November 14, 2022 in Notes

Our 50th reunion exceeded all expectations, and I urge any of you who did not attend to join us in 2027 for our 55th.

Class Secretary Rob Bildner asked me to step in as interim corresponding secretary during this time when Jonas Zdanys is not available. My heavy workload in Albany politics and a solo law practice prevented my participation in class activities till now, but semi-retirement offers me time to help out. I’m honored to be tapped to collect and publish any notes you wish to share with our classmates. I’m eager to get your news and notes, so please send them to me! My contact information is at the top of the column.

Last fall Bill Fowkes and Rob Bildner asked me to make some phone calls and to help Cathy Olian proofread the reminisces of our classmates who have passed on. It was humbling to review their accomplishments and recall their energy, hopes, and dreams while we were together during those challenging times. On those phone calls to gather accurate email addresses, I spoke with many ’72ers I had never met. Sharing views with them about life after Yale stoked my enthusiasm leading up to the reunion. Since I had no idea this involvement was in the offing, however, I took no notes. I will try to reconstruct the weekend as well as I can remember. (And no, I don’t drink anymore for those of you who knew me way back when!)

More than 400 of our classmates and spouses invaded New Haven for our 50th reunion, hosted at our beloved Davenport (think Rob Bildner, Bill Fowkes, Marc Morgenstern, Deane Evans, Paul LiCalsi, Gary Jacobsen, and George Pillsbury). Our dedicated reunion committee ran the events flawlessly, so hats off to class secretary Rob Bildner and his committee: Cynthia BrillAndrew Capitman, and Connie Royster as well as class treasurer Frank Krejci. They all gave rousing talks Saturday at our dinner in Commons.

We recognized the talents and accomplishments of our classmates with an artists’ display in the Common Room that included paintings from Georgia June Goldberg and Vincent Palladino and photographs from Neil AllenAlan Cohen, and Rob Bildner.

Friday night Karen Gantz Zahler emceed a revue of our ’72 authors in the Davenport Theater where they discussed their work: Rob BildnerJonas Zdanys, Lydia Temoshok, Craig Mason, John Elefteriades, Debbie Bernick, yours truly, Ed Morrison, John Manuel, Ken Barish, Fred Gale, Will Cleveland, Sara Holtz, James Holston, Jack Cobel, and Henry SchneidermanCurt Bakal kept us on track with the time clock.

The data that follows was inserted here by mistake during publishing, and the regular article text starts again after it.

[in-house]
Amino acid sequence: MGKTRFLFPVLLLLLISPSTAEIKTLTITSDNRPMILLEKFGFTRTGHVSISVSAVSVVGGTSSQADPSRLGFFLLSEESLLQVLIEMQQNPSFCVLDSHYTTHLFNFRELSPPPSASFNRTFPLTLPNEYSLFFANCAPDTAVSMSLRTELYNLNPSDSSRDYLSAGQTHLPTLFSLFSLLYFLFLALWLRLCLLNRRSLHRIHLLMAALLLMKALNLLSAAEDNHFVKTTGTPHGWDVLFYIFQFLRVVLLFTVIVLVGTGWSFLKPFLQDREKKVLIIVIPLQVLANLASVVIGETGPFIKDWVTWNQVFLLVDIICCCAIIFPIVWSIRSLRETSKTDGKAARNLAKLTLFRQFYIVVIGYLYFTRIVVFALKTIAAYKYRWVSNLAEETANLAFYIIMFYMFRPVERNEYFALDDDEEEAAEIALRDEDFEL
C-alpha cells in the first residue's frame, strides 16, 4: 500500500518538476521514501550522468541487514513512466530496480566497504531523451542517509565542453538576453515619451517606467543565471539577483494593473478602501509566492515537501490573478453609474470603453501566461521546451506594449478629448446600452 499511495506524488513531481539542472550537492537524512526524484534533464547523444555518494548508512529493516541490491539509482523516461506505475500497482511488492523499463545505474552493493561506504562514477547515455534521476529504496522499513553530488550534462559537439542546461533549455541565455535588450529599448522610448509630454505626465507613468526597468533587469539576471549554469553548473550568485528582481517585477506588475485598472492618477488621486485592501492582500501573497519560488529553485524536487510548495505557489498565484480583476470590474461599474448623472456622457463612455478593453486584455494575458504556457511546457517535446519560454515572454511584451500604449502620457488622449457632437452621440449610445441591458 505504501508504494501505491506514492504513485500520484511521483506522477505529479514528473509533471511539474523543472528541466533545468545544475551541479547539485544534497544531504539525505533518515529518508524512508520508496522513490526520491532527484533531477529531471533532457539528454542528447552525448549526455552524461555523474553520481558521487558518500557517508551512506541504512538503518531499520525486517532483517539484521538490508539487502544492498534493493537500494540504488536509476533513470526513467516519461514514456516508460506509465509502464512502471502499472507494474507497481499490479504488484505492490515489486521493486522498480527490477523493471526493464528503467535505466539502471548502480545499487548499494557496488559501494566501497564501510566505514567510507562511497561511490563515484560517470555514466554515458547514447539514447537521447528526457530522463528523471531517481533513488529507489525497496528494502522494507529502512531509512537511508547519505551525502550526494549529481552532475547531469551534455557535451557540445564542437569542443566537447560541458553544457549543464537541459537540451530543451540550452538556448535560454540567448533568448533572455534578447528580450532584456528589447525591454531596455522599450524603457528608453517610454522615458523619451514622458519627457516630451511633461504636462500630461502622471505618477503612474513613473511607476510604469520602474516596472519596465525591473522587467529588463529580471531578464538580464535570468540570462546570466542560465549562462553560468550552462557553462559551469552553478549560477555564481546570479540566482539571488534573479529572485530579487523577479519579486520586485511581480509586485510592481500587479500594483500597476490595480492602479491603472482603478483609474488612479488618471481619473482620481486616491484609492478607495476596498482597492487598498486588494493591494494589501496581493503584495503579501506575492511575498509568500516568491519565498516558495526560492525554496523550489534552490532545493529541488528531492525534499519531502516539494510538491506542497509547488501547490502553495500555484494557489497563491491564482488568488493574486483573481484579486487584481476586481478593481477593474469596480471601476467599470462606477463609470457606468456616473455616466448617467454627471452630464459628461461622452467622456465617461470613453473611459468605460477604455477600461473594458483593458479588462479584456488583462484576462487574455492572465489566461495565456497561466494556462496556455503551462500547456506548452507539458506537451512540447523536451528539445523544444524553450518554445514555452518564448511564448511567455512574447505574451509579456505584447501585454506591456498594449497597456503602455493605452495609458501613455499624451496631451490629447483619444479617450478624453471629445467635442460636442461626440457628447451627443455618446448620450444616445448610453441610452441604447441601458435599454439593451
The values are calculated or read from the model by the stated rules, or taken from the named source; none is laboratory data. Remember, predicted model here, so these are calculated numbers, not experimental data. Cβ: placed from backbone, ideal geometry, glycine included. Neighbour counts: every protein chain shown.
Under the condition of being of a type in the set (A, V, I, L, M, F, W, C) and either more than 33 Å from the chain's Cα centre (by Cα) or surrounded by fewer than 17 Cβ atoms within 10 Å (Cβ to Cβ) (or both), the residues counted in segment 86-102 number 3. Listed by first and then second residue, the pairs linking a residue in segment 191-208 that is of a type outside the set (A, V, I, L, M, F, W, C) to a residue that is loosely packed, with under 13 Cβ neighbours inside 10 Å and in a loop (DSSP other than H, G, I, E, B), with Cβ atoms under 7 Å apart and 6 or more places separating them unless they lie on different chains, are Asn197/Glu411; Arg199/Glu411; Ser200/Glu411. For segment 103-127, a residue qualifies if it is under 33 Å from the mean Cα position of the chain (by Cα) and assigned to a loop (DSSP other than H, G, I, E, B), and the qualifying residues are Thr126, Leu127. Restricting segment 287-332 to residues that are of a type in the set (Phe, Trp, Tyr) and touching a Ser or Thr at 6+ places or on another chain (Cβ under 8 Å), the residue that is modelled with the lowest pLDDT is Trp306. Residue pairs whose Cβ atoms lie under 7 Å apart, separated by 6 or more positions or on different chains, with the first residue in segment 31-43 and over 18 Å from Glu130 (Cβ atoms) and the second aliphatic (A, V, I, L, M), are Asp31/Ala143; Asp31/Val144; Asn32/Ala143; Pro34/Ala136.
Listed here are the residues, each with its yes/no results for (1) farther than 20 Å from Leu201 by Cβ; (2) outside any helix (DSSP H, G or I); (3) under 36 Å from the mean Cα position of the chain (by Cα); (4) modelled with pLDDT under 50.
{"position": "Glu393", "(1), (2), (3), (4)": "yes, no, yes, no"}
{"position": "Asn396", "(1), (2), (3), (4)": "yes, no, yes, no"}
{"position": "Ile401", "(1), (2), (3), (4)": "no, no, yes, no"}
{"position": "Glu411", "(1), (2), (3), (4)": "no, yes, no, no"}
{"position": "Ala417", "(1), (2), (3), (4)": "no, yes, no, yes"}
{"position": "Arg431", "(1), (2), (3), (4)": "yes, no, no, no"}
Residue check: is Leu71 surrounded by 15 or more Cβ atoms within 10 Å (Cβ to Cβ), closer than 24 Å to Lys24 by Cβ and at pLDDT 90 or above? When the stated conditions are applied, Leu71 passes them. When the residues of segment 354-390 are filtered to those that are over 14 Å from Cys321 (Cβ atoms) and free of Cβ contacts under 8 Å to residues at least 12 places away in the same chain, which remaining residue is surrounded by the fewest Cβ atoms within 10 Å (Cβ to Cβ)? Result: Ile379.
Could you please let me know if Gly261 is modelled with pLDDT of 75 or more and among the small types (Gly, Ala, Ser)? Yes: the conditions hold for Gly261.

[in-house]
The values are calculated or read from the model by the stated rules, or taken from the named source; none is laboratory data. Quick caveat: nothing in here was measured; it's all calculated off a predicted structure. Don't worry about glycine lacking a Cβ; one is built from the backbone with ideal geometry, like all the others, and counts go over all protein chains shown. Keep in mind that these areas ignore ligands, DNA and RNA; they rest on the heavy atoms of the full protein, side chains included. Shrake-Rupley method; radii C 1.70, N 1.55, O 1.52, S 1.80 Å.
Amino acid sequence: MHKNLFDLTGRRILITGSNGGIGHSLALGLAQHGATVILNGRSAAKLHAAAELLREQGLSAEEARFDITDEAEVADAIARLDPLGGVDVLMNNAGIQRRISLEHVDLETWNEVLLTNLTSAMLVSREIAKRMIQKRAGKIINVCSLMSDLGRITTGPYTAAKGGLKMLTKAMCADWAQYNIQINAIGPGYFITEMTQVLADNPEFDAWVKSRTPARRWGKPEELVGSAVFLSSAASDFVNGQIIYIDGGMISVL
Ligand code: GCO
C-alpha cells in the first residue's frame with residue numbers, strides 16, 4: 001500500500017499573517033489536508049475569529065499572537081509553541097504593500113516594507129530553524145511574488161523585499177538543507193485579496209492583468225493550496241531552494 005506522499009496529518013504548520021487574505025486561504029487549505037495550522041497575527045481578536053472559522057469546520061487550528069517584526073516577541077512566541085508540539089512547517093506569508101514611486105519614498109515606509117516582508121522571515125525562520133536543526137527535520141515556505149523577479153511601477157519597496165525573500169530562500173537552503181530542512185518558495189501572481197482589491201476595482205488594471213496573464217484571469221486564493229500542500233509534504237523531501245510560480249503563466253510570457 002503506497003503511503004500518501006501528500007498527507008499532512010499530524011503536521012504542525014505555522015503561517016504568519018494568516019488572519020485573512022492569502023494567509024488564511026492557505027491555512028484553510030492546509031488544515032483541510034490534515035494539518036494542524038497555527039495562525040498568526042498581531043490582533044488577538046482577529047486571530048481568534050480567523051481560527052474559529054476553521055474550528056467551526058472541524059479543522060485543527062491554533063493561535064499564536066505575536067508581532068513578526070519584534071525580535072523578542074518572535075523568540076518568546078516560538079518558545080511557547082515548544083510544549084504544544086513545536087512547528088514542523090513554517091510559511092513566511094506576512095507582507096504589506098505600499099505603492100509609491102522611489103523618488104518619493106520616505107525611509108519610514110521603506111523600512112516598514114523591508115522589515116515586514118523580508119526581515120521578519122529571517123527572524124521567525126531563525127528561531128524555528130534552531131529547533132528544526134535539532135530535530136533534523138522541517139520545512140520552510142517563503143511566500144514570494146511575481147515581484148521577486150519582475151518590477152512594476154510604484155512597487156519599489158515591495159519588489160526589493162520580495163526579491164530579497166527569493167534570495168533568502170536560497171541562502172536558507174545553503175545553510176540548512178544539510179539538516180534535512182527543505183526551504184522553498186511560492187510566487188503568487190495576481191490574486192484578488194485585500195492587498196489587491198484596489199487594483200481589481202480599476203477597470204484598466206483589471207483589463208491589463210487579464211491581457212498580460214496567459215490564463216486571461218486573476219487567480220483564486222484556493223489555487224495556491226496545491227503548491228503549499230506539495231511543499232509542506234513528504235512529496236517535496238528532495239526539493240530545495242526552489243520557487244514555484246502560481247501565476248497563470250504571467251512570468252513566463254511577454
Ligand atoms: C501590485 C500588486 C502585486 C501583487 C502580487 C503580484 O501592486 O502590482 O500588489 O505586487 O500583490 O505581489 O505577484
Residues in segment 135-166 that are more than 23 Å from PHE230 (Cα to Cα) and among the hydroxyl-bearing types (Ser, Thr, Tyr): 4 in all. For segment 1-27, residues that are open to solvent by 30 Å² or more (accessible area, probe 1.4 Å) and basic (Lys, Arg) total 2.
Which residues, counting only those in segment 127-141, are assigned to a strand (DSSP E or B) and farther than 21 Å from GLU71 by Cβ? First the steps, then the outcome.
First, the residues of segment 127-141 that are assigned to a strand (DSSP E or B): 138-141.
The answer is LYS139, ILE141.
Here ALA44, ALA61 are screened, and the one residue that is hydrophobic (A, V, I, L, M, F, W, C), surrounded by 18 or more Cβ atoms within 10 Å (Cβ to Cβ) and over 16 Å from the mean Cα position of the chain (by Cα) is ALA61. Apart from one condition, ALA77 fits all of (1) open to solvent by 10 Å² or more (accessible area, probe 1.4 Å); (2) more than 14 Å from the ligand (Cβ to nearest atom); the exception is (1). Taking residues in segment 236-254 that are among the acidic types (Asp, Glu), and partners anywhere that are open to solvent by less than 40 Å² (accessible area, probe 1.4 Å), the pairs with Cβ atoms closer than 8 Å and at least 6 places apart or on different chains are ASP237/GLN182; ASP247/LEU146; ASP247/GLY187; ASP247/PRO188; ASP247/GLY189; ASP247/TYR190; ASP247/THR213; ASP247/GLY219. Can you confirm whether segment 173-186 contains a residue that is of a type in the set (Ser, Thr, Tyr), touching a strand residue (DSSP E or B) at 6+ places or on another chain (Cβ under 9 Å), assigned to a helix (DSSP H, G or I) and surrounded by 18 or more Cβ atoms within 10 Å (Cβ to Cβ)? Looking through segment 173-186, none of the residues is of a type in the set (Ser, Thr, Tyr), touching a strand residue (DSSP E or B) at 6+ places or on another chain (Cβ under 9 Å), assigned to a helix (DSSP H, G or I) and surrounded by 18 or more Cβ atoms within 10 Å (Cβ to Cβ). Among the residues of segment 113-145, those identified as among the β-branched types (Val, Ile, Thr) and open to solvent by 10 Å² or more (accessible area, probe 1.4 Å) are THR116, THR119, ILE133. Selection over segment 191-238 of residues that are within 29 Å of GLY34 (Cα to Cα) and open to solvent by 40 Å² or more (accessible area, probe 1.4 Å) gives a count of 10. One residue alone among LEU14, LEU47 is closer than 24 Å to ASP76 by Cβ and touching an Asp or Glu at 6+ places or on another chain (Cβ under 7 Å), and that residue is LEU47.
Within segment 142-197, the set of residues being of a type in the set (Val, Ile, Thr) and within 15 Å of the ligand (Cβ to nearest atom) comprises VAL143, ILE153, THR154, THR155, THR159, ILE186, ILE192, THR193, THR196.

My lifelong pal and roommate Mike Totten, with whom I’ve shared many adventures, has been doing important environmental work for decades. The band Pearl Jam is one of his clients. Mike’s work was applauded in the Thursday afternoon Climate Change lecture at Sprague Hall.

It was great to see Ian Gilchrist and Bob Masland from the freshman hockey team and to reminisce about our teammates Greg RivetWick Goodspeed, and Mark Fitzsimmons who left us far too early. My junior year roommate Pat Duffy shared memories of our victories with the Davenport intramural hockey team.

Marci Shore, professor of modern European intellectual history, delivered a fascinating talk about the crisis in Ukraine. She ended with a moving film of a “flash mob” performing “Ode to Joy” with a full orchestra and choir in a fish market. The film left me in tears as it poignantly showed that the spirit of the Ukrainian people cannot be broken by Putin’s guns and bombs.

A dozen classmates gave informative talks in “Lessons Learned and Thoughts on the Next Ten Years,” stories about how they “pivoted” in their life journeys since graduation, and how they are looking forward with hope to meet our current challenges: Debbie Bernick, Jim Gadzik, Kay Hill, Craig Mason, Gary Palmer, Bruce Pitts, Donald Rothberg, Davie Schweizer, Lydia Temoshok, Steve Unger, and Alan Yamashita.

For those of you who remember The Rockets and the Jack Hoffman Band, the tradition of great rock ’n’ roll continued with Fred Gale’s Regressions in the Upper Courtyard. We kept on rockin’ till the moon went down. No one can party like ’60s kids.

In January 2020 I married my soulmate Victoria Wright, and after our COVID honeymoon we emerged wiser and happier and more determined to live every day to the fullest. A Northwestern grad and attorney in Raleigh, North Carolina, she fell in love with Yale at our 45th reunion, and she ramped up my enthusiasm for our 50th a full year beforehand.

Victoria and I spent some quality time with Katharine Ogden Michaels who was on her way to her villa in Tuscany. I immediately ordered all the books her late husband Leonard wrote about life in New York and Berkeley in the good old days.

What a joy it was to roam those familiar streets and quads and to recall all the deeds and misdeeds of our youth. The two landmarks I loved back then, Harkness Tower and East Rock, gazed down, it seemed to me, with great reverence for our journeys, poor little lambs who have lost their way, passing and forgotten with the rest.

Soon after the reunion I was in touch with Ed Case and Steve Skolnik and learned that their freshman roommate Dave Carpenter, a good friend from our entryway in Lawrance Hall, was in hospice. Dave passed on soon afterward. He was always a seeker. He constantly explored and challenged life to yield its essence and he grew wise in his quest for truth and meaning. It is to Dave and our many departed classmates that I dedicate my first effort at class notes.

Final note: Please send me your news and views so I can give our class of ’72 the prominence it deserves.


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